DCNS in 2015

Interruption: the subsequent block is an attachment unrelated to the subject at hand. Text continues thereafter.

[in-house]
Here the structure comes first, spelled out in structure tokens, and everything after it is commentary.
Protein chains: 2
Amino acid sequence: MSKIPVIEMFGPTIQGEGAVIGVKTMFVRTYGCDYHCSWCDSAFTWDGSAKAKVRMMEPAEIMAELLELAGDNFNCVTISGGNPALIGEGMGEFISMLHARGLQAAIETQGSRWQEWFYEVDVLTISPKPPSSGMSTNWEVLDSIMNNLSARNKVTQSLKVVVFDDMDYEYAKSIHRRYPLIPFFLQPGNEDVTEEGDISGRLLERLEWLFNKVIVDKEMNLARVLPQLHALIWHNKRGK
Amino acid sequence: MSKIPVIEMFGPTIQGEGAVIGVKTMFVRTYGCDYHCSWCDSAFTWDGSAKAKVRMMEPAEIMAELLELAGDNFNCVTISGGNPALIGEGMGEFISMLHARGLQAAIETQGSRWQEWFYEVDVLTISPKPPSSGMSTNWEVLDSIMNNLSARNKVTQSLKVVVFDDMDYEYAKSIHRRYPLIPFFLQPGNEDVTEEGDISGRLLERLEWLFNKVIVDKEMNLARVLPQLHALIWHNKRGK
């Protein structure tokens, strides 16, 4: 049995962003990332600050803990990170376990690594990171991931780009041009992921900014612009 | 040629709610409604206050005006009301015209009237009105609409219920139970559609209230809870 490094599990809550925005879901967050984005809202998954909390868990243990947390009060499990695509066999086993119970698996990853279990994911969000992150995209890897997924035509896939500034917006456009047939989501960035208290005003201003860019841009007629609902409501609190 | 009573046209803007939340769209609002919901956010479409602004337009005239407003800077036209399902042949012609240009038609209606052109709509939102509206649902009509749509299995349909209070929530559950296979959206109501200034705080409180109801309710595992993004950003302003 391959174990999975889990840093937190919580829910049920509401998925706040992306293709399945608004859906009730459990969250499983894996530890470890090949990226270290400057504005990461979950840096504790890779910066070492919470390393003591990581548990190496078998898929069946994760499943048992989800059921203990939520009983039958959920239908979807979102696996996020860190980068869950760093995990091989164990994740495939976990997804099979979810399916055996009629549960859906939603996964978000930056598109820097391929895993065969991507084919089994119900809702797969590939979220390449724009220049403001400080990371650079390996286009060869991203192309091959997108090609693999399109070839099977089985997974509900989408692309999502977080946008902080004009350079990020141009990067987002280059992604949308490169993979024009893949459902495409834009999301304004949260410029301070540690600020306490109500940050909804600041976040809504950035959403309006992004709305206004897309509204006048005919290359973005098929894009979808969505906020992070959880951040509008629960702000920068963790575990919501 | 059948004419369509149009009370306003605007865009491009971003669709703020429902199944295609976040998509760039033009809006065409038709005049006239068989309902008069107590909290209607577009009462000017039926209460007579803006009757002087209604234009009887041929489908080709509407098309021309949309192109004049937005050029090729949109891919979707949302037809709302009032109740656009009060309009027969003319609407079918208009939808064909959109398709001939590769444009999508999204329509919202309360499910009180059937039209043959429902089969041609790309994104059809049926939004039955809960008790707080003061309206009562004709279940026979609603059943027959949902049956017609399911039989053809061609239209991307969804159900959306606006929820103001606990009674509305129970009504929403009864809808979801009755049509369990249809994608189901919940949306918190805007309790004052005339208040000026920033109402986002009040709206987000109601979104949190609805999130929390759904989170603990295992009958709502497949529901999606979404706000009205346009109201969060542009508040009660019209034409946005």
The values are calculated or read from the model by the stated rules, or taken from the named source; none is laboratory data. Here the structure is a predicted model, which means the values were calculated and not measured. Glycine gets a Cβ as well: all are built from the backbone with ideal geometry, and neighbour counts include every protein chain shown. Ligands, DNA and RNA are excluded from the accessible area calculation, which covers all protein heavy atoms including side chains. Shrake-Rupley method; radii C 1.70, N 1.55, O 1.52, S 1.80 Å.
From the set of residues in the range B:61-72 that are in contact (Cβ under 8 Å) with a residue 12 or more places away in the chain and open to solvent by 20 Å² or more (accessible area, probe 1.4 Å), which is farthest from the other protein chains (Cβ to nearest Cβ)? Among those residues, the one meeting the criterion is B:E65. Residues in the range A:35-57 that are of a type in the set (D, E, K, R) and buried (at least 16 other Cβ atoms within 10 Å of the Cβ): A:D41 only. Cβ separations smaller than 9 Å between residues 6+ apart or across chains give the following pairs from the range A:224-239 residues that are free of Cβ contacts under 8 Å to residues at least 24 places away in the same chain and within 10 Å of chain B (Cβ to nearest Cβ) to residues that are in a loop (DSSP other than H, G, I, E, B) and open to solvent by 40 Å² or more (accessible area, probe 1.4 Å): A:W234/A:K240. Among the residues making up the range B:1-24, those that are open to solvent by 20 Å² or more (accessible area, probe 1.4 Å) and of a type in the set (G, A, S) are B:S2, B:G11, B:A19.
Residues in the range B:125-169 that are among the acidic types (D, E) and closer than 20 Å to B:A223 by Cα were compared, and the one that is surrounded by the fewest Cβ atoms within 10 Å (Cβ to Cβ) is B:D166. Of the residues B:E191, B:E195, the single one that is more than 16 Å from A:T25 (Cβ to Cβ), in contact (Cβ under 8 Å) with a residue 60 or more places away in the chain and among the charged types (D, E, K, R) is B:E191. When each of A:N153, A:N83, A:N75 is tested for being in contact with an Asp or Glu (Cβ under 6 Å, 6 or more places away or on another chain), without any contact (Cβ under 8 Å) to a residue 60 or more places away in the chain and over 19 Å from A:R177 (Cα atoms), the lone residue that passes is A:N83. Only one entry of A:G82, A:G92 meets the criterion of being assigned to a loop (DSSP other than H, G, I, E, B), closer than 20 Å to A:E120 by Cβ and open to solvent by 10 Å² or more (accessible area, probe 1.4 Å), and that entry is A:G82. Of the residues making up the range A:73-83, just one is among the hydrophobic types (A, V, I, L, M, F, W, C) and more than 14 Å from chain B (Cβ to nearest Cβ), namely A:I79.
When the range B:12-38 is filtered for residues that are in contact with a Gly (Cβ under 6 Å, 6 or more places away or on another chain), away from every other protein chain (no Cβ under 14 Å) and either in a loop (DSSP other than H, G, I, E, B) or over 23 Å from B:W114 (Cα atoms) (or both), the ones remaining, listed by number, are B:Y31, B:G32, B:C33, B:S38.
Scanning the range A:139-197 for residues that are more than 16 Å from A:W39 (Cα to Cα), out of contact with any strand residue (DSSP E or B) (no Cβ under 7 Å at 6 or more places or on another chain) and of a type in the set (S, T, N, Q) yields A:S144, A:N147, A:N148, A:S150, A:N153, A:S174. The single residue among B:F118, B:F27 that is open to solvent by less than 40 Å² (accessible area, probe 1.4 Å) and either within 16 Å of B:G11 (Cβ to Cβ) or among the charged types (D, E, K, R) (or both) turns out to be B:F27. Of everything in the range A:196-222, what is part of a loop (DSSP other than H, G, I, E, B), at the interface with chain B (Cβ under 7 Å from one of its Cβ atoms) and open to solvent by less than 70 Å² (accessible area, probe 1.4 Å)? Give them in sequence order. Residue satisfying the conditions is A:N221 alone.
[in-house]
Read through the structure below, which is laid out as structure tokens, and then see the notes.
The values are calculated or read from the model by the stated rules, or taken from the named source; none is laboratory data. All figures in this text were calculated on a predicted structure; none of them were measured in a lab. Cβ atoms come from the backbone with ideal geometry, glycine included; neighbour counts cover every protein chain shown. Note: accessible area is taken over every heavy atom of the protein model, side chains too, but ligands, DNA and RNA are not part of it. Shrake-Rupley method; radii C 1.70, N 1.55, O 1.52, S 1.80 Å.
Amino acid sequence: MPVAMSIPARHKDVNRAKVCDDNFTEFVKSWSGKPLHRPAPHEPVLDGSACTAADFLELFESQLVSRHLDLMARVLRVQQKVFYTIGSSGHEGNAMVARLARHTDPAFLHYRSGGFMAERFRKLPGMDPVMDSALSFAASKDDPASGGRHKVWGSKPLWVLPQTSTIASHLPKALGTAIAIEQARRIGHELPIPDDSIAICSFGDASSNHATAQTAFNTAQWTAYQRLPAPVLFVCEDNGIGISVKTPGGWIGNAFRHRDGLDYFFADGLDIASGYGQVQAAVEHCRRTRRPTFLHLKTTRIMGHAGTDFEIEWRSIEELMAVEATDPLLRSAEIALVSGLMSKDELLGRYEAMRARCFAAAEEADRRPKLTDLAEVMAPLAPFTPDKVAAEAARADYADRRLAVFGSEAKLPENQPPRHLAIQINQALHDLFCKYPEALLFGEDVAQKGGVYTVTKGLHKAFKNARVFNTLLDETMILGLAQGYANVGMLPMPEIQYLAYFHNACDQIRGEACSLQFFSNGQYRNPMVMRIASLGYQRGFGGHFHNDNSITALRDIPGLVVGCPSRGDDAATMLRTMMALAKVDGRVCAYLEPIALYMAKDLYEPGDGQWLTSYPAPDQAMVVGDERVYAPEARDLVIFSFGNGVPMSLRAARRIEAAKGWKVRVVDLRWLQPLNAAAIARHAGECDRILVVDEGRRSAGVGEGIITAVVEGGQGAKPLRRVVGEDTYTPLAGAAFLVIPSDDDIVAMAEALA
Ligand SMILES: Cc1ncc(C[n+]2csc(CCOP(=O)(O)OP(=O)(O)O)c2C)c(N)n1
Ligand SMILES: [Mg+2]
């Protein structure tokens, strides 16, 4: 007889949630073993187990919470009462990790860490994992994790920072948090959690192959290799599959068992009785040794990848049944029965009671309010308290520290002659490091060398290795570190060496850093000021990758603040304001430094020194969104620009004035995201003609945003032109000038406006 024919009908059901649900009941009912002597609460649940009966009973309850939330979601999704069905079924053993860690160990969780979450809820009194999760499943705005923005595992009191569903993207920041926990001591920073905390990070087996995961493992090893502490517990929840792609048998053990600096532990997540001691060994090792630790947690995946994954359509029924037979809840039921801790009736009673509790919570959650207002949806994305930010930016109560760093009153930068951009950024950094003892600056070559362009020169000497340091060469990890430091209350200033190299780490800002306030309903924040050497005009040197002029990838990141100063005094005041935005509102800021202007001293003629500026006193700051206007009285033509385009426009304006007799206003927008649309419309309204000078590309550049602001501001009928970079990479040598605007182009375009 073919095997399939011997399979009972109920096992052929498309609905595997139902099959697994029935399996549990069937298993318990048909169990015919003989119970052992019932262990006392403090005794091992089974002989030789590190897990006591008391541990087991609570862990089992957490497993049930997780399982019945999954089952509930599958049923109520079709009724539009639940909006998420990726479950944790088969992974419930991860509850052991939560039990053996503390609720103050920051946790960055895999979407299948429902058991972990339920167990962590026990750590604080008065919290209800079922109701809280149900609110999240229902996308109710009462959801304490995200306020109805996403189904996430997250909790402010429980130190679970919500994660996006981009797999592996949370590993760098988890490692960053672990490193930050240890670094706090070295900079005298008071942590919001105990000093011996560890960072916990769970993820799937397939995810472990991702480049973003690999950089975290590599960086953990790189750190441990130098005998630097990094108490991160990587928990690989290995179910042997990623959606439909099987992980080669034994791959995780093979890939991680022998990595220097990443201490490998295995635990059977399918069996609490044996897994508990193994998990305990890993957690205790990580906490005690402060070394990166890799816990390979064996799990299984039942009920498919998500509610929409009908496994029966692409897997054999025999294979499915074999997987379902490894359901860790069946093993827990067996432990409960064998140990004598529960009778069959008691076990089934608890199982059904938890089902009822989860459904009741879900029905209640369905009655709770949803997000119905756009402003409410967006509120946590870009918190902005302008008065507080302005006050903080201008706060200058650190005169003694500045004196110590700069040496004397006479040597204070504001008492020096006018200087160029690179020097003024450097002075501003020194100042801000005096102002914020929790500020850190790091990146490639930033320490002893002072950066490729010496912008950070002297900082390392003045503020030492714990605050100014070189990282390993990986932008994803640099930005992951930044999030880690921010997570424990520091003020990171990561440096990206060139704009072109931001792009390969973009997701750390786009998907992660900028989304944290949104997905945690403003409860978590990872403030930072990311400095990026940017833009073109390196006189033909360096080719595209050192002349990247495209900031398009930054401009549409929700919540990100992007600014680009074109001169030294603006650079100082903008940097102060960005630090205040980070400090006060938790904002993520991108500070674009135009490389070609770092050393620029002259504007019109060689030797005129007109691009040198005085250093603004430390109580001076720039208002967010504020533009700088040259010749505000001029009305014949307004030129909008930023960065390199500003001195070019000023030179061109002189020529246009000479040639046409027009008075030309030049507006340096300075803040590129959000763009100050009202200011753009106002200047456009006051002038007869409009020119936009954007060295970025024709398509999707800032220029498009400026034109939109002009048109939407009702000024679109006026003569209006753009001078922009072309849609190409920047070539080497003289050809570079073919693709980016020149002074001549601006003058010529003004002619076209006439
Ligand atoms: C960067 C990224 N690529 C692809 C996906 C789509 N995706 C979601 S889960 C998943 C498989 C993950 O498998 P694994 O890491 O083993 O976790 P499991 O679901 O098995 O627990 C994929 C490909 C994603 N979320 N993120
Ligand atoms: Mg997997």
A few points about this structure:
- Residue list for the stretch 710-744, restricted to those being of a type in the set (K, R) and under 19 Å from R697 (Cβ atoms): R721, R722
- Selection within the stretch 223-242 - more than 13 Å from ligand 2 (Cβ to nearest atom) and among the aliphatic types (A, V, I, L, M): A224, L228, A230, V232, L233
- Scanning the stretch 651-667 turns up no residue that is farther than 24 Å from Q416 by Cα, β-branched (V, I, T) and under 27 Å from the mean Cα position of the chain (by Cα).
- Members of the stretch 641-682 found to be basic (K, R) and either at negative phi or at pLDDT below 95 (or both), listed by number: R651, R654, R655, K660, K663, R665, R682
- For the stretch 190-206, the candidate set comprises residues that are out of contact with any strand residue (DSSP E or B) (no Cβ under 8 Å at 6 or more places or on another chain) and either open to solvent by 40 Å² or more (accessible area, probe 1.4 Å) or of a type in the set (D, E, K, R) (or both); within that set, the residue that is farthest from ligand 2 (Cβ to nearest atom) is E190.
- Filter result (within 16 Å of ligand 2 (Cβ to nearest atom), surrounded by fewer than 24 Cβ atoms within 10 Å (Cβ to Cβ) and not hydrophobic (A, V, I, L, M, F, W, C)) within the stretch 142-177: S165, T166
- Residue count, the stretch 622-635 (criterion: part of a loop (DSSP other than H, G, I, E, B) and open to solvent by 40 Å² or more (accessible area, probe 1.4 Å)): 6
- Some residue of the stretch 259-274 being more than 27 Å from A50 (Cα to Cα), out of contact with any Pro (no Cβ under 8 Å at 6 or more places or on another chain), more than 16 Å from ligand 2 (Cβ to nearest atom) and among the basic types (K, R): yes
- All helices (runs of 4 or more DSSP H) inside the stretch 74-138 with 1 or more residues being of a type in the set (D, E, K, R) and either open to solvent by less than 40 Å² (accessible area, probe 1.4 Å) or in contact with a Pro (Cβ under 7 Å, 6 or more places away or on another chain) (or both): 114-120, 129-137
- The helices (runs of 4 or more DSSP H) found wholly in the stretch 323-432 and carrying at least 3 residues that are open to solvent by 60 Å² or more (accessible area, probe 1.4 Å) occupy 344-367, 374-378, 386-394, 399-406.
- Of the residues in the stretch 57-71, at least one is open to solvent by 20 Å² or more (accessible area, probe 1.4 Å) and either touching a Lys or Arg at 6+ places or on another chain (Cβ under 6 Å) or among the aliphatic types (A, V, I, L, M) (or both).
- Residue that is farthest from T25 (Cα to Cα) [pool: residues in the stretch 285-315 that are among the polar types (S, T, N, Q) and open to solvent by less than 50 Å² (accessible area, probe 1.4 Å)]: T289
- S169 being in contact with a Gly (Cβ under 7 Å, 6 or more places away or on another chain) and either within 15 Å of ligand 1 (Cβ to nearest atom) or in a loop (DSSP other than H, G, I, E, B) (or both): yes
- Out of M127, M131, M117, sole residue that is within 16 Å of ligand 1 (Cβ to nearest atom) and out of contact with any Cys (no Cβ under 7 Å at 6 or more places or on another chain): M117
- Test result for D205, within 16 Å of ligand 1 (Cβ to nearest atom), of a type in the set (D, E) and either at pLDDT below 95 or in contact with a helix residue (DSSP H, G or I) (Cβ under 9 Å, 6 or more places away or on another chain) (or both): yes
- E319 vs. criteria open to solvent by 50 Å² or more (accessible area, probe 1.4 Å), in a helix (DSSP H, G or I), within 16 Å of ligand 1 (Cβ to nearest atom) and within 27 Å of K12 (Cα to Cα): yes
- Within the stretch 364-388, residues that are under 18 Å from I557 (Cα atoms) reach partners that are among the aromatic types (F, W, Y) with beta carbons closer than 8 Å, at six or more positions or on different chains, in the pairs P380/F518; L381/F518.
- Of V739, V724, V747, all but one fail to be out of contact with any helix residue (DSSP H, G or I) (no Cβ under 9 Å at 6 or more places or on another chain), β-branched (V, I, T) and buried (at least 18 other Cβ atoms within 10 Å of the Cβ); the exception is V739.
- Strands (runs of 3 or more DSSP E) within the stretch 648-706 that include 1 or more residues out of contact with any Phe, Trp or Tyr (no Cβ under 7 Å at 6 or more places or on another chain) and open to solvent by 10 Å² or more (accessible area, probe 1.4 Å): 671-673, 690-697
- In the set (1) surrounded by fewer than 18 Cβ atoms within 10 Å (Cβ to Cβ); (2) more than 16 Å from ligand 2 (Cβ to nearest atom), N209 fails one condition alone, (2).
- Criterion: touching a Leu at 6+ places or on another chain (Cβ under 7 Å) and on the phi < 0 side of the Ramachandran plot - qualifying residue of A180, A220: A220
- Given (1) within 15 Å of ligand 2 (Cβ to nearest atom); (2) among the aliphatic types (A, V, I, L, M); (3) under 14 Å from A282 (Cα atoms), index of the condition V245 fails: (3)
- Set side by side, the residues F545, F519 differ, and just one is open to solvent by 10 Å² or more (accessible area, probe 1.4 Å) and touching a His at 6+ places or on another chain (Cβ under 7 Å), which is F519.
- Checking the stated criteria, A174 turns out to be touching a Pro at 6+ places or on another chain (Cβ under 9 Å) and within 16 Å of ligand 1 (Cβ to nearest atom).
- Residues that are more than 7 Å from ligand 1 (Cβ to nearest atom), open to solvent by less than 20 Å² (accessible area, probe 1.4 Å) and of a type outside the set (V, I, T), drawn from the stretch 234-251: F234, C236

BY AGNÈS CASENAVE — Farm project programme manager – Cape Sharp, Canada, Marine Energies & A submergence that also reaches great heights for Infrastructure department DCNS and its subsidiary, specialised in tidal turbines, which have designed and built this high-technology prototype for EDF. It further confirms their potential DCNS and its subsidiary OpenHydro are and ambitions on the marine renewable energy market. creating an experimental tidal turbine farm In 2016, its twin, currently being assembled at the for EDF in the Paimpol-Bréhat sea area, off DCNS Cherbourg and Brest sites, will join the tidal turBrittany. An example of technological and bine installed at Paimpol-Bréhat. The two machines will industrial prowess, which will soon be be connected to an underwater converter and conrepeated in Normandy, the United Kingdom nected by cable to the national grid. EDF will then be and Canada. On the rapidly expanding marine operating the world’s first experimental tidal turbine renewable energies market, DCNS is marking a farm, delivering an output of 4 megawatts (MW). new milestone. The DCNS and OpenHydro teams will then focus their An unusual crew is cruising off the Côtes-d’Armor coast efforts on harnessing one of the most powerful marine on this Wednesday 20 January 2016: a black barge currents in Europe, at raz Blanchard, off the coast of topped by an enormous grey and yellow wheel bearing Cherbourg. Once again, they have been selected with the DCNS, OpenHydro and EDF logos. Three partners EDF Energies Nouvelles in the context of an invitation brought together to score a world first: the submer- to express interest issued by the French Environment gence of a 300-tonne tidal turbine, 16 metres in diame- and energy management agency (Ademe) for a pioter, capable of converting the powerful currents off the neering programme, to be funded by Ministry investArmorican coast into electricity. The circular turbine is ments in the f uture. This involves building and slowly lowered through an opening in the centre of the deploying seven tidal turbines at a pilot farm capable barge until it disappears. One hour later, the 20 DCNS of providing a total power of 14 MW. and OpenHydro technicians can celebrate. The machine has been gently positioned on the seafloor at a depth of 40 meters without requiring any kind of civil engineering (drilling, levelling, etc.) liable to disturb the marine environment. It simply rests on a 700-tonne steel tripod and was lowered using an ingenious winch system – which will also be used to bring the tidal turbine back to the surface for maintenance.
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